Saturday, January 21, 2017

Making Your Own Sew In Labels for your Handmade Crafts



This post is a work-in-progress... Part 1 (below) is rather alot of fiddling about with computers and graphics to get the layout and design of your label right so you can get to the fun part of having your labels printed on fabric and then using them in your projects, crafts and for your handmade business!

While I'm still in the process of putting together a step by step tutorial for the way I made my own fabric labels, I thought I would share with you a list of some of the tutorials I have found helpful in the past. Scroll to the bottom of the post for links to other tutorials.

PART 1

What You'll Need to Design Your Own Fabric Labels

  • Your Logo
  • A few basic skills in math (I know, what for right?) 
  • A few basic skills in Photoshop or similar image editing software (sorry, this one is important!)
  • Have a plan for the dimensions for your label eg. 2 x 2 inches when folded over
  • Eventually, you'll be using Spoonflower.com to print your label design in a repeating pattern so you can order as many or as few labels as you need.



For my own fold over and sew-in fabric labels I wanted them to be

  • EASY TO READ
  • Show my logo
  • include my website name
  • and a few basic words or phrases to describe my business and the items these labels will be used on eg. 'Handmade in Australia'


For my Fabric Composition /Care Labels I needed to include info about fabric composition ie. Linen-Cotton, and a few simple instructions for how to best care for the fabric/item eg. 'Cold or Warm Gentle Machine Wash, Line Dry, Warm Iron'. More about these labels later.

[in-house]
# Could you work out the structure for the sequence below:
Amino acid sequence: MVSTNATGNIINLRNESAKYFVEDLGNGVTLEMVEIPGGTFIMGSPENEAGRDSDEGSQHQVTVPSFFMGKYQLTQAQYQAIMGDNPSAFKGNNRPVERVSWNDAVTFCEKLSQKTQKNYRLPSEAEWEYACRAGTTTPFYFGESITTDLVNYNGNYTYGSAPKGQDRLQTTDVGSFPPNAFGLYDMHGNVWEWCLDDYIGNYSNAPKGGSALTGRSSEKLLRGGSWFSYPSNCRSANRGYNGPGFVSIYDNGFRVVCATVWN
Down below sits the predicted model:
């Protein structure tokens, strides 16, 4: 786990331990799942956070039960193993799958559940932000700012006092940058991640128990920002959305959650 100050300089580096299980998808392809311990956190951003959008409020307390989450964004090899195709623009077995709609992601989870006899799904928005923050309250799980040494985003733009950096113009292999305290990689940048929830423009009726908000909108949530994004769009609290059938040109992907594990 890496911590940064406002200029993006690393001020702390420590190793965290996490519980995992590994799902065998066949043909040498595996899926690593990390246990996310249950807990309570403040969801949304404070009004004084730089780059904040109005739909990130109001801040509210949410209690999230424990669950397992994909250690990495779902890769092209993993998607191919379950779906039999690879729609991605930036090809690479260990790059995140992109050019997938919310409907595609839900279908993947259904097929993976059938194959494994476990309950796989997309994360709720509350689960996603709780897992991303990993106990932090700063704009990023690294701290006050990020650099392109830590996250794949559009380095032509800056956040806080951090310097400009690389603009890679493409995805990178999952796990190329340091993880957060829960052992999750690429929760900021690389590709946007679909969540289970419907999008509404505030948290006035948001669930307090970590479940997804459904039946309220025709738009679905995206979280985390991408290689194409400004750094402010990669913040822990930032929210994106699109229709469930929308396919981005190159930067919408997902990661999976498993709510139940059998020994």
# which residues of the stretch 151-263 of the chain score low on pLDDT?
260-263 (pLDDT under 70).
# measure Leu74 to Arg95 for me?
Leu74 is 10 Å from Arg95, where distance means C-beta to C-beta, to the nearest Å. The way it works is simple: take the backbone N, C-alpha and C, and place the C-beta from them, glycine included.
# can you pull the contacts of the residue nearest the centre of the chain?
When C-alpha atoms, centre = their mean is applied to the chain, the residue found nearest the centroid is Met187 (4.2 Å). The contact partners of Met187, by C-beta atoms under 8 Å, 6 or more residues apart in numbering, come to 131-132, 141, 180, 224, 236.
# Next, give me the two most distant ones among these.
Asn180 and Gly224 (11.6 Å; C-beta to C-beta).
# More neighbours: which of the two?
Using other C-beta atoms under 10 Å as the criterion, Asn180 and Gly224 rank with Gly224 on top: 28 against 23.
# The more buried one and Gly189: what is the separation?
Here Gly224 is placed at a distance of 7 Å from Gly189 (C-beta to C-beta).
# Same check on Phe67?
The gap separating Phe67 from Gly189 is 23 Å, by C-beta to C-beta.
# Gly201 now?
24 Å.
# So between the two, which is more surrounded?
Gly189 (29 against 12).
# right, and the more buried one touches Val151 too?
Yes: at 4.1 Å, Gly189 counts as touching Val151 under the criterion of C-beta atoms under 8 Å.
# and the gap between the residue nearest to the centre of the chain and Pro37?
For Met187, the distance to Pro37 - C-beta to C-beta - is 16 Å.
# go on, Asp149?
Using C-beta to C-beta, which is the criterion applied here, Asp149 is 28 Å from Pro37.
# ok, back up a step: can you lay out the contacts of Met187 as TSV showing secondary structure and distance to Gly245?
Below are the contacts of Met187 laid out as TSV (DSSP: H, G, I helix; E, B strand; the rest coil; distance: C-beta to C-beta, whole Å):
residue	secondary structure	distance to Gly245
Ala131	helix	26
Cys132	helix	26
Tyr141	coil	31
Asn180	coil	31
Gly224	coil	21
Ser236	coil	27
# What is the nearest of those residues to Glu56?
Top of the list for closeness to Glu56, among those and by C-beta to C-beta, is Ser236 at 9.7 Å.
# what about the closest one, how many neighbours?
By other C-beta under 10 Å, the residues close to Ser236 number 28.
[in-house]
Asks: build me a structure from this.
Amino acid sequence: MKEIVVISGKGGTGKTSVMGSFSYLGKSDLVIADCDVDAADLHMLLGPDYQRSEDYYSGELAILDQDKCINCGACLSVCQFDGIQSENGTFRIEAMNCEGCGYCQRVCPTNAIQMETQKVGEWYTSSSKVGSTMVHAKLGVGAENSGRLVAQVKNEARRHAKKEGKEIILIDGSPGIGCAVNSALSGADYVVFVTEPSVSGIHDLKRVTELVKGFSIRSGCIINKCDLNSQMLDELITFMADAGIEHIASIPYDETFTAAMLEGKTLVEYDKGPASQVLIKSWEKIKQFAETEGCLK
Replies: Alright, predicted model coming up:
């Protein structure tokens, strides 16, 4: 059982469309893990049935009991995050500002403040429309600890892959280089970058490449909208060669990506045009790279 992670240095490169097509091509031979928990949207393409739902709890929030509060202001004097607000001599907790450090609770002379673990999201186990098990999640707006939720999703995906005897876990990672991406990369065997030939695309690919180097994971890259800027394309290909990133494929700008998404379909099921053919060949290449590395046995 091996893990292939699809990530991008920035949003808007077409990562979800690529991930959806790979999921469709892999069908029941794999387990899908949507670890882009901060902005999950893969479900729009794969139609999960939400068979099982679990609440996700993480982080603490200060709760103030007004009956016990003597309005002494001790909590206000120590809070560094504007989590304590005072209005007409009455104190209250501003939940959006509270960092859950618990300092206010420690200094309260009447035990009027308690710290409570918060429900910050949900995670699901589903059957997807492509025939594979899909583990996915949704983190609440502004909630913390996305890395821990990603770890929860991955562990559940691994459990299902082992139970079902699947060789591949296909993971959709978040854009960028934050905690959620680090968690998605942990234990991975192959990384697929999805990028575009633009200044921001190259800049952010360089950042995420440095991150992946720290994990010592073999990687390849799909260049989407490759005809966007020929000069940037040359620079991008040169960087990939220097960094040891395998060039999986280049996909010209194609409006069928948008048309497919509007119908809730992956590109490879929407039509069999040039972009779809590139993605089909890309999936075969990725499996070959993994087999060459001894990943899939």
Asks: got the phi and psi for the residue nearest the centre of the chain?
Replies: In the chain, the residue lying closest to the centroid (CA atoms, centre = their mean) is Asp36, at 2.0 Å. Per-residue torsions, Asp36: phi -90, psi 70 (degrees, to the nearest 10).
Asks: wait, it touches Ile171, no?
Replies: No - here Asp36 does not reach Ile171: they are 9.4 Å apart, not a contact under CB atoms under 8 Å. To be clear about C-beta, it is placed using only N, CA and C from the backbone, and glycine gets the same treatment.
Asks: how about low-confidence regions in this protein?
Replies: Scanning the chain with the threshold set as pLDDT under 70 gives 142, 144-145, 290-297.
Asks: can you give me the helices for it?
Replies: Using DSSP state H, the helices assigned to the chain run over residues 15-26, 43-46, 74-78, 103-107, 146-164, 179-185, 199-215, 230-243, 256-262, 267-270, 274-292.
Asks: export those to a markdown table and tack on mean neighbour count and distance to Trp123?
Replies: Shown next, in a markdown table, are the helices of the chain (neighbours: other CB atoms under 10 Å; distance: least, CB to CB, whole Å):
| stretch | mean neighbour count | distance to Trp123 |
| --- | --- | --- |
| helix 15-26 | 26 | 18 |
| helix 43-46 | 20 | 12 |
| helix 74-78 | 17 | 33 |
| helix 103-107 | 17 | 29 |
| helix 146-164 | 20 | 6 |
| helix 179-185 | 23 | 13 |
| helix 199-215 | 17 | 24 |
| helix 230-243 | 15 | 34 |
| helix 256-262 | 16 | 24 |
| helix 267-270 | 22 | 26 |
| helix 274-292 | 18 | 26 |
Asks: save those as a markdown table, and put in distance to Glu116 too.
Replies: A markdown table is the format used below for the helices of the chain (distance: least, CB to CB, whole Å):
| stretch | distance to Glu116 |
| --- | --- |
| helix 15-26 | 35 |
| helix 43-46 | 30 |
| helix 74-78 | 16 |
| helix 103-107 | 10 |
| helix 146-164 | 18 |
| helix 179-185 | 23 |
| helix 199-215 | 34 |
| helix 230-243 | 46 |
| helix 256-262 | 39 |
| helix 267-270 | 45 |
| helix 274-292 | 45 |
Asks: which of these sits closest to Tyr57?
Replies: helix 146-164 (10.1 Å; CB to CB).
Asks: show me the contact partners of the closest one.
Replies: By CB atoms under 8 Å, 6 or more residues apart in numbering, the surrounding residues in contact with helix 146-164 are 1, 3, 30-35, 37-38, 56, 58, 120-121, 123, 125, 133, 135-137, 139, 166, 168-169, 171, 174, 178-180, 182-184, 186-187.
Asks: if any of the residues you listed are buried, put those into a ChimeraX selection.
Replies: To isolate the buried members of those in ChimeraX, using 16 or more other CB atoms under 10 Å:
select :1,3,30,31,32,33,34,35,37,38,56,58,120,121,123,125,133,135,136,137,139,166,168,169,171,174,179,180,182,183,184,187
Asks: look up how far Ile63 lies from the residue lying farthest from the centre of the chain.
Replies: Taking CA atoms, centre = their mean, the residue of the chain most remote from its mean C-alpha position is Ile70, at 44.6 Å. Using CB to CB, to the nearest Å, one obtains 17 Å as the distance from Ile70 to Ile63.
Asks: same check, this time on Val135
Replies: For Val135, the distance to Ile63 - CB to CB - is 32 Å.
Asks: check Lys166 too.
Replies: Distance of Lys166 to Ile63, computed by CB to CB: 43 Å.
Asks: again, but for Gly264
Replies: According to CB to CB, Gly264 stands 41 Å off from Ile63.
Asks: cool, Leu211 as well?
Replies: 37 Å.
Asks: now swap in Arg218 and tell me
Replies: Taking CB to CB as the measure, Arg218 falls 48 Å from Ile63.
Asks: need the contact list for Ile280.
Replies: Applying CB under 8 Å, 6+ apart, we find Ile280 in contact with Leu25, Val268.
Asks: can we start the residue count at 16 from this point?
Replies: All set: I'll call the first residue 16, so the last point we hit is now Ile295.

Whatever text you decide to include on your labels, make sure the size of the label will easily be able to accommodate the text and choose a simple, clear font so it is easy to read. Flourishes and script fonts might be lovely in theory but when printed in small sizes on fabric they could be completely illegible and what would be the point of unreadable labels?

When you are designing the layout of your tag be sure to look at the design in Print Scale so you can get an idea of whether the text is going to be too small or not bold enough. Depending on the resolution of your monitor, you may need to double check that the 'Print Size' you are viewing matches your label measurements by using a ruler held up to the monitor screen... demonstrated below in what I hope is an understandable way!


 

 
 

 

This is just so you can check that the text is easy to read.

But I'm getting ahead of myself! First of all we need to create a template for the label.

Let's use the 2 x 2 inches dimensions to begin with.
I'm using Photoshop but you can use whatever image editing soft ware you are comfortable with. The process is no doubt very similar.

1. Open program. Create NEW file (Ctrl + N)
We want to start with a file that is 2 x 2 inches, 150dpi.
This will be the FRONT of your label.



2. Create the BACK of your label by changing the Canvas Size to 4 inches high. It's best to draw a guide line to divide the front & back sides.


3. Create Text boxes for front & back sides. Choose a font that is easily read...but it should also suit your branding too.



If you have a logo, add this graphic to the Front of your label. Instructions below.





to be continued... PART 2

Tutorials from the Spoonflower Blog:


Fabric Labels for Your Handmade Goods




Design Your Own Quilt Labels

Tutorials From Other Crafters

Stamped Fabric Tape Labels

Print & Iron Transfer Labels on Fabric Twill Tape


Using Your Home Printer & Printable Fabric Paper *
*While this technique seems simple, variations in ink, fabric, printer capabilities (and many other factors) could make this technique alot more difficult than it looks. I have not personally tried it because I found an easier way!







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